Jessica Beck
"Director of IELTS Training"
Aubrey Carter
"3 Keys IELTS Certified Coach"

You need band 9 vocabulary for the IELTS exam.

You can change your mind in the middle of an IELTS Speaking answer!

In addition, you may need to describe someone who is moody or changes their opinion a lot.

Today we teach you high-scoring vocabulary to use when talking about changing opinions.

Use these strategies to avoid a common student mistake and boost vocabulary scores!

Congratulations Juan!

3 Keys IELTS student Juan got amazing scores the first time he took the exam!

  • Reading: 9
  • Listening: 8.5
  • Writing: 8
  • Speaking: 8.5

You save a lot of time and money when you only have to take IELTS one time!

Sign up for 3 Keys IELTS to get the strategies Juan used to get these amazing scores!

Don’t be wishy washy!

Don’t miss IELTS Energy 889: Don’t Be Wishy Washy for IELTS Band 9.

In that episode, we shared vocabulary for wavering opinions.

  • On the fence
  • Impartial
  • Play both sides

You may be asked on IELTS Speaking about things you don’t have a strong opinion about.

If you change your mind as you’re speaking, you can say so!

If you don’t, you may get tongue-twisted and thrown off.

Instead, use these phrases and those from today’s episode to explain why you changed your mind!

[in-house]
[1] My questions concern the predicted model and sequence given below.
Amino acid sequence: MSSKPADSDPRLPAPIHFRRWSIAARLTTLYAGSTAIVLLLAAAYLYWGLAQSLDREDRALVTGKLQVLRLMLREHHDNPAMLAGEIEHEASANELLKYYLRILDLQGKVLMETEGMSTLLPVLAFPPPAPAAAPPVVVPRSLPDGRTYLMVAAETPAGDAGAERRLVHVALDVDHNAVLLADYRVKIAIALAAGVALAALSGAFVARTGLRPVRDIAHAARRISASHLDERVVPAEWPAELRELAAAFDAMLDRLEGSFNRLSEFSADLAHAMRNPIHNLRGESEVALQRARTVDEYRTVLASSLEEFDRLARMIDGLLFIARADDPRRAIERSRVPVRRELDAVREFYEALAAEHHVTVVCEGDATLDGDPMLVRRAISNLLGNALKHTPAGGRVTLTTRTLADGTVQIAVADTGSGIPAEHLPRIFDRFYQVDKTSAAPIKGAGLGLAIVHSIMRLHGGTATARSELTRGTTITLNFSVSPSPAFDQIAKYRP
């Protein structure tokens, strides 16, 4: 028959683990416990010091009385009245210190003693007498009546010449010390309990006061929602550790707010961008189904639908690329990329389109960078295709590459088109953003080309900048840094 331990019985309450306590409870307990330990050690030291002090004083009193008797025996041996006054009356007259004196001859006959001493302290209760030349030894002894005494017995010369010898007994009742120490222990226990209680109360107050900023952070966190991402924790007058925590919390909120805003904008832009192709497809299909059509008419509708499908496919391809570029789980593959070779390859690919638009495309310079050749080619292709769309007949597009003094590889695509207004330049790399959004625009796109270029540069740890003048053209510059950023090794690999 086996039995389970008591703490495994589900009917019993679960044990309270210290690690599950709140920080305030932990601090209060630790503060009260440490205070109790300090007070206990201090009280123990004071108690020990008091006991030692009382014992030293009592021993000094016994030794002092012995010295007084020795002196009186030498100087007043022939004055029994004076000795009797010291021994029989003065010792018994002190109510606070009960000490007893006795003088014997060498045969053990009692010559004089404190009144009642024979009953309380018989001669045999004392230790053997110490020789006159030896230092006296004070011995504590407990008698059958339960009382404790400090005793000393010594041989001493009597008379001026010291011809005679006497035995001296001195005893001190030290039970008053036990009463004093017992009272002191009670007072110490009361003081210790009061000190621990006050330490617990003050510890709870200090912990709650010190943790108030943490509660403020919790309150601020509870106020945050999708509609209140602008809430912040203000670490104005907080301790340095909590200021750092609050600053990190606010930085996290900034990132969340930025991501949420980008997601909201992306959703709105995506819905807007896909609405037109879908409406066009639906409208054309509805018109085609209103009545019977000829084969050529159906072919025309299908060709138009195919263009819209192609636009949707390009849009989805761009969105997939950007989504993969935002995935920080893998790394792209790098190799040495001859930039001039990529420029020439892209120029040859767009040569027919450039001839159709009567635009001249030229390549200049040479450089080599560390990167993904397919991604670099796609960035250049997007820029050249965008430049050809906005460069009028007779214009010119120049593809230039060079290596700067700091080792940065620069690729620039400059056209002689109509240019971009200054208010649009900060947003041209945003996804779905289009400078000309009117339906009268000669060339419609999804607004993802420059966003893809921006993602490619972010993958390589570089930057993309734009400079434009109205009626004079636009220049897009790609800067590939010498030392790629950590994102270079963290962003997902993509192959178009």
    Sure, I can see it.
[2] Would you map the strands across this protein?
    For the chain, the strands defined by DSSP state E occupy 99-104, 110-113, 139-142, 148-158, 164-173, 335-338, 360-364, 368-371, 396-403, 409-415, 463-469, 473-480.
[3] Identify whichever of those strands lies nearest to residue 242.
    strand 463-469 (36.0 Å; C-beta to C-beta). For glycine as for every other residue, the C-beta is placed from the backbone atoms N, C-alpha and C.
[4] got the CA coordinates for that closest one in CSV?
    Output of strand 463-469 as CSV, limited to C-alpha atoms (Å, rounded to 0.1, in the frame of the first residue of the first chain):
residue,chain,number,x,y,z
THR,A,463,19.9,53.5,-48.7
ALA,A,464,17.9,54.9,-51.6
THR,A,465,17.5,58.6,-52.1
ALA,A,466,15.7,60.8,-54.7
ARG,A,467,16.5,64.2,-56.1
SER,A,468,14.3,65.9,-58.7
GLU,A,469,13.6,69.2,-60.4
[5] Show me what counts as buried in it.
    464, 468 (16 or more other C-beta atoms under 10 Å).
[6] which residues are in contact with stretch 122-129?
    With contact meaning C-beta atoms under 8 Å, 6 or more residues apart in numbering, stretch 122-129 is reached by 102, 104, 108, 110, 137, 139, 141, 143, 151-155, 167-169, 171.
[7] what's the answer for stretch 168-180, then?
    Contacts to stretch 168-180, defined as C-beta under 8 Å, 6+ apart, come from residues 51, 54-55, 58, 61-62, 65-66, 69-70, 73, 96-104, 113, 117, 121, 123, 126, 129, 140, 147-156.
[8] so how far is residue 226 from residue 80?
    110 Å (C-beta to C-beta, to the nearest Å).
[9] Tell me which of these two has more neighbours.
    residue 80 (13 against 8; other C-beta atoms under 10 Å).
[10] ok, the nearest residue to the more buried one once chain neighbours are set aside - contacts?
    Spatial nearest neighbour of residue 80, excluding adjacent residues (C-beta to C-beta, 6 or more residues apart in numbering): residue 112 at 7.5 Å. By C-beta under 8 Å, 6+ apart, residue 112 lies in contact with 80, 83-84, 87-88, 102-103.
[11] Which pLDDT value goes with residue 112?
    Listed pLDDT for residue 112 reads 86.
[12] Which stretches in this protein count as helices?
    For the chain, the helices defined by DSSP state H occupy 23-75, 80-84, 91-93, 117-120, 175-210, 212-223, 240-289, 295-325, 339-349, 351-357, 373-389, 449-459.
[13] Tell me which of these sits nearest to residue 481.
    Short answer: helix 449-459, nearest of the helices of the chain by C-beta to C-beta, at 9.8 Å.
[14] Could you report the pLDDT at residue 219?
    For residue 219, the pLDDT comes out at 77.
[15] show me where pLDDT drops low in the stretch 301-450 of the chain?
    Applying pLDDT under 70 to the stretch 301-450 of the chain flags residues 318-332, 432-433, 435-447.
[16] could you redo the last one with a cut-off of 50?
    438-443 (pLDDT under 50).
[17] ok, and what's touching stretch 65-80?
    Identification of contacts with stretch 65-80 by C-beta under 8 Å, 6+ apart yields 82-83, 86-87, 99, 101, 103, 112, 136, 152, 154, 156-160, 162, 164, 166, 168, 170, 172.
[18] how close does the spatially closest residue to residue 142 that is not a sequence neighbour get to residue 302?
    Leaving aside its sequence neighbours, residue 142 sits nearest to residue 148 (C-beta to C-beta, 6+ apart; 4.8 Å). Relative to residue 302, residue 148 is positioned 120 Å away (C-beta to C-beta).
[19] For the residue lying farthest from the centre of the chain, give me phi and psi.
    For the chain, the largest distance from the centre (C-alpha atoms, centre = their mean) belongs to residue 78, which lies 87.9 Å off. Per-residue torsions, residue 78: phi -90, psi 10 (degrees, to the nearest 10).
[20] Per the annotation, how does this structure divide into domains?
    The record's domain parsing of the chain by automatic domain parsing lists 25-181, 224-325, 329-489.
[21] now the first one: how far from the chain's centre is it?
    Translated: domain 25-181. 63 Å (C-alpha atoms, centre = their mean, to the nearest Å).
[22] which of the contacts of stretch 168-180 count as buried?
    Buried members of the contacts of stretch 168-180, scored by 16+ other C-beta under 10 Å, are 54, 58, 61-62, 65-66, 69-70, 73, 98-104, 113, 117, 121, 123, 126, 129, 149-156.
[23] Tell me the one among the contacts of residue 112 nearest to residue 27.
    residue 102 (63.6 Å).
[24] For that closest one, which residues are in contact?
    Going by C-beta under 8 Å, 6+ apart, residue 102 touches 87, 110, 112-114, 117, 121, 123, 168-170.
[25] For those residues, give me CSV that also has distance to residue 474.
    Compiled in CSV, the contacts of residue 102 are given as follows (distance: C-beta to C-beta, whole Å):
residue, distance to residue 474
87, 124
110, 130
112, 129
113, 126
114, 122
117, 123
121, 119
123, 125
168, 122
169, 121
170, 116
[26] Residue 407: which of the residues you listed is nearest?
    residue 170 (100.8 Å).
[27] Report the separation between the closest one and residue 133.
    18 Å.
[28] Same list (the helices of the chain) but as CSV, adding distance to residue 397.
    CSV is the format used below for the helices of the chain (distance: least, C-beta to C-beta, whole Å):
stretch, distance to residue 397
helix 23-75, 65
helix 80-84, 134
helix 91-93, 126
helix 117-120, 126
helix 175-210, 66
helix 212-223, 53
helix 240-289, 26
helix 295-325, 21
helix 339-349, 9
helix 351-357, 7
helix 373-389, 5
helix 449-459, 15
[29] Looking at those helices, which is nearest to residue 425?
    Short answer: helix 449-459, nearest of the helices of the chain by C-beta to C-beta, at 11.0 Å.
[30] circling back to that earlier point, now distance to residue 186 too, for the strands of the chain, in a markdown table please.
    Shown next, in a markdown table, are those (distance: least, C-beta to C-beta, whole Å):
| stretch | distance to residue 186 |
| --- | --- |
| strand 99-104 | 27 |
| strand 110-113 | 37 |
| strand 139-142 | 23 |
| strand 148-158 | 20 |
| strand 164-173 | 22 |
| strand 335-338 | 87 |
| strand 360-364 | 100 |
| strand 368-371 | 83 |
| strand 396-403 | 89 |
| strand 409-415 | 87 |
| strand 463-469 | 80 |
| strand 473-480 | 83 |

#1: Fickle

This adjective means changing frequently.

It is used most often about a person’s loyalties, interests or affection.

You can call someone fickle if they change their mind often.

Even better, you can refer to yourself as fickle.

I’m not usually a fickle person, but I think what I actually believe is…

#2: Capricious

This adjective is used most often about a person’s mood.

If someone’s mood changes often, you can refer to them as capricious.

Another less common word with the same meaning is mercurial.

These both mean a person is moody.

These are less common in English.

Therefore, they will boost your vocabulary scores and impress the Examiner!

I’ve been a bit mercurial lately, but then I went to Disneyland and was happy the entire time I was there!

#3: Like night and day

This expression means two things are very different.

You can describe two opinions as night and day.

Our political views are like night and day.

Anything that is not similar can be described in this way.

These two desserts are like night and day!

#4: Jekyll and Hyde

This comes from a fictional story about a doctor named Dr. Jekyll.

He would turn into his evil counterpart Mr. Hyde.

We now use this expression to describe a person with quickly changing moods.

Unlike “night and day”, this expression is only used to describe a person.

He’s a real Jekyll and Hyde!

This means a person’s mood changes quickly from one extreme to the other.

If they’re in a good mood one moment and then suddenly grouchy, this is a great way to describe them.


You need idiomatic language and expressions to score 7+ on vocabulary scores.

Today’s phrases are perfect for the IELTS Speaking exam.

You are allowed to change your mind during an answer.

Use today’s phrases to boost your vocabulary when doing so!

It can also be used to describe someone as moody or fickle.

For all the strategies you need on test day, sign up for our online IELTS course!

What questions do you have from today’s episode?

Please leave a comment below.

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